Photo: The magnificent Marjorie Glacier which joins the Reid Glacier seven miles inland.
It was good, though extremely cold anchored less than four or five cables from the glacier face which every now and then calved directly into the inlet. We planned to climb up the south side of the glacier and then make our way as far inland into the high mountains that we could, but things were a little against us right from the start... the main problem being the depth of the winter snow given there were no trails, we'd have to break our own trail whilst conscious this was the same location that Henry and I encountered the grizzly bears only a few months before. At this time of the year the bears were hungry from winter hibernation, this region being notorious for grizzlies and for the inquisitive timber wolves that nosed around the shoreline. Nevertheless we got ourselves ashore after some considerable effort dragging our inflatable dinghy through the glacial mud to get up above the high tidewater level. We daren't risk returning after a few hours to find our inflatable drifting off in the rising tide leaving us stranded... seeking any rescue or assistance hereabouts was not really an option. Help was just not gonna happen.
Gary got himself well ahead and we made our way upwards alongside the glacier crevasse, though it meant crossing several fast running creeks in full flow from snow-melt. It was slow work. The creek gullies were steep sided with the eyrie silence of the enormous Reid Glacier mesmerising except for the sudden thunderous booms to remind us this huge eleven mile long ribbon of monstrous ice was moving relentlessly towards the sea. We pressed on as far as we could but knew we would begin to struggle without crampons, ice axes or climbing ropes because we just couldn't carry that amount of mountaineering equipment onboard unless we planned well ahead. So after a couple of miles I turned around and left Gary to press on, he was keen to keep going but I was worried about the dinghy in the rising tide.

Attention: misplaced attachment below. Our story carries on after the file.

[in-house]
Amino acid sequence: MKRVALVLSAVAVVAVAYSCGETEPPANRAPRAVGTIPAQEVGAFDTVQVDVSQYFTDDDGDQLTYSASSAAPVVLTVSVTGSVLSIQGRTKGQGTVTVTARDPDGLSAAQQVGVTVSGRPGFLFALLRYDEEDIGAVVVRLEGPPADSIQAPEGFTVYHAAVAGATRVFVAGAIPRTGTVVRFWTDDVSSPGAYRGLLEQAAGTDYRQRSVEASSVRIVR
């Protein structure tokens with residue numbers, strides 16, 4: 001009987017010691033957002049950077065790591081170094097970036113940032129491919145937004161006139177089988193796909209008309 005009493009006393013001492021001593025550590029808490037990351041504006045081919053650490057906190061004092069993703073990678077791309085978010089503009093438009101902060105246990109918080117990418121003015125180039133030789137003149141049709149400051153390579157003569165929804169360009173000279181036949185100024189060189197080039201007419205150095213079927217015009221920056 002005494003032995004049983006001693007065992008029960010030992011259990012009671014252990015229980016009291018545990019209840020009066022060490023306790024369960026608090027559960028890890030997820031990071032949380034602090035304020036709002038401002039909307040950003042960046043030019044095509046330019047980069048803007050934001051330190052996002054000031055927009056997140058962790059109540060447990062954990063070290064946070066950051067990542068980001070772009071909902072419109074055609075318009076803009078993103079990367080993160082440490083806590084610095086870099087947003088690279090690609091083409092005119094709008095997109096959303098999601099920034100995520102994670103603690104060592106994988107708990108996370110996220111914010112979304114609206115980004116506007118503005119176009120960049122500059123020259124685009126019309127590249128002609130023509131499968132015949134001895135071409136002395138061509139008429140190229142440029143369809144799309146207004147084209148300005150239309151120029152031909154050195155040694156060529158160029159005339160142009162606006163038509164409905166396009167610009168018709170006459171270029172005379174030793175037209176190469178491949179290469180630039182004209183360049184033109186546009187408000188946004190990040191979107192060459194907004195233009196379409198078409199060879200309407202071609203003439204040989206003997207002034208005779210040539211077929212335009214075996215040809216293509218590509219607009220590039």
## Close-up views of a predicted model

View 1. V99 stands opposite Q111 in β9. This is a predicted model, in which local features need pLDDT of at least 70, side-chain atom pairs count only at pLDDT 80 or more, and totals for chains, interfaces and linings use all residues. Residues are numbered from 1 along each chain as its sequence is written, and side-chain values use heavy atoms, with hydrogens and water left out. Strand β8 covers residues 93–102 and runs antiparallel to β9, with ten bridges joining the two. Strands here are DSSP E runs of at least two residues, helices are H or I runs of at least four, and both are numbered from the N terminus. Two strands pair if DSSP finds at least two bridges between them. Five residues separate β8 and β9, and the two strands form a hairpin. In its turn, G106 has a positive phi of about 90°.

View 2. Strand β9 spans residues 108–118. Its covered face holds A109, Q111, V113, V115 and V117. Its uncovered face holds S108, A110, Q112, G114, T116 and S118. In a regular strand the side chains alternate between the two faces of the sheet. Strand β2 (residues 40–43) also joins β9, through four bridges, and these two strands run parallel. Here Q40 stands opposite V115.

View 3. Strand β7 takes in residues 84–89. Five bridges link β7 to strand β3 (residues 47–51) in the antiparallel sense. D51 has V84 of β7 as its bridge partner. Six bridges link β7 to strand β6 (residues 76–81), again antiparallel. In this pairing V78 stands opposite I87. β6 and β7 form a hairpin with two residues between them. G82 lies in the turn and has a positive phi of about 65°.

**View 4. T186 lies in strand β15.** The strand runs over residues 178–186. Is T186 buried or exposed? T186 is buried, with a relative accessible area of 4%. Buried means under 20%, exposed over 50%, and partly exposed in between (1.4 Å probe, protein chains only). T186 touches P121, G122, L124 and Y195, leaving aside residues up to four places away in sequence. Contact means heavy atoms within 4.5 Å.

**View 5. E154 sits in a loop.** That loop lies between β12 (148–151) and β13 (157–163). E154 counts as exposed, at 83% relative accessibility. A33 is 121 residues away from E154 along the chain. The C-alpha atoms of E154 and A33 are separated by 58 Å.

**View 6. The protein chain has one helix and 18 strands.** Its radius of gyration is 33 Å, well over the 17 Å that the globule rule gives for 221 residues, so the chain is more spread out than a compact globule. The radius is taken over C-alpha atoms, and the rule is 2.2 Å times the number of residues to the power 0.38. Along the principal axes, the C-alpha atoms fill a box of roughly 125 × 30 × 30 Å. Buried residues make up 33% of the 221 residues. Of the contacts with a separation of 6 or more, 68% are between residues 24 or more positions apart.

Eventually the snow was too deep in the gullies and Gary too began to make his way down. Our inflatable was still securely in place, so my worries were unfounded but after those few exhilarating hours ashore we gladly made our way back to Sänna
still sitting serenely on anchor. The late-in-the day sunshine gave us an incredible backdrop with the deep-blue glacial ice face only a few boat lengths away, I broke open a couple of ice-cold beers whilst Gary prepared our pasta dinner. God, it was cold. When the sun finally dropped behind the high mountain ridge to the west it sent amazing streaks of orange and crimson red light into the absolutely pristine blue sky. What a truly fantastic and memorable sunset to behold.
Just me and my step-brother Gary anchored here in what must be the closest place to frozen paradise.
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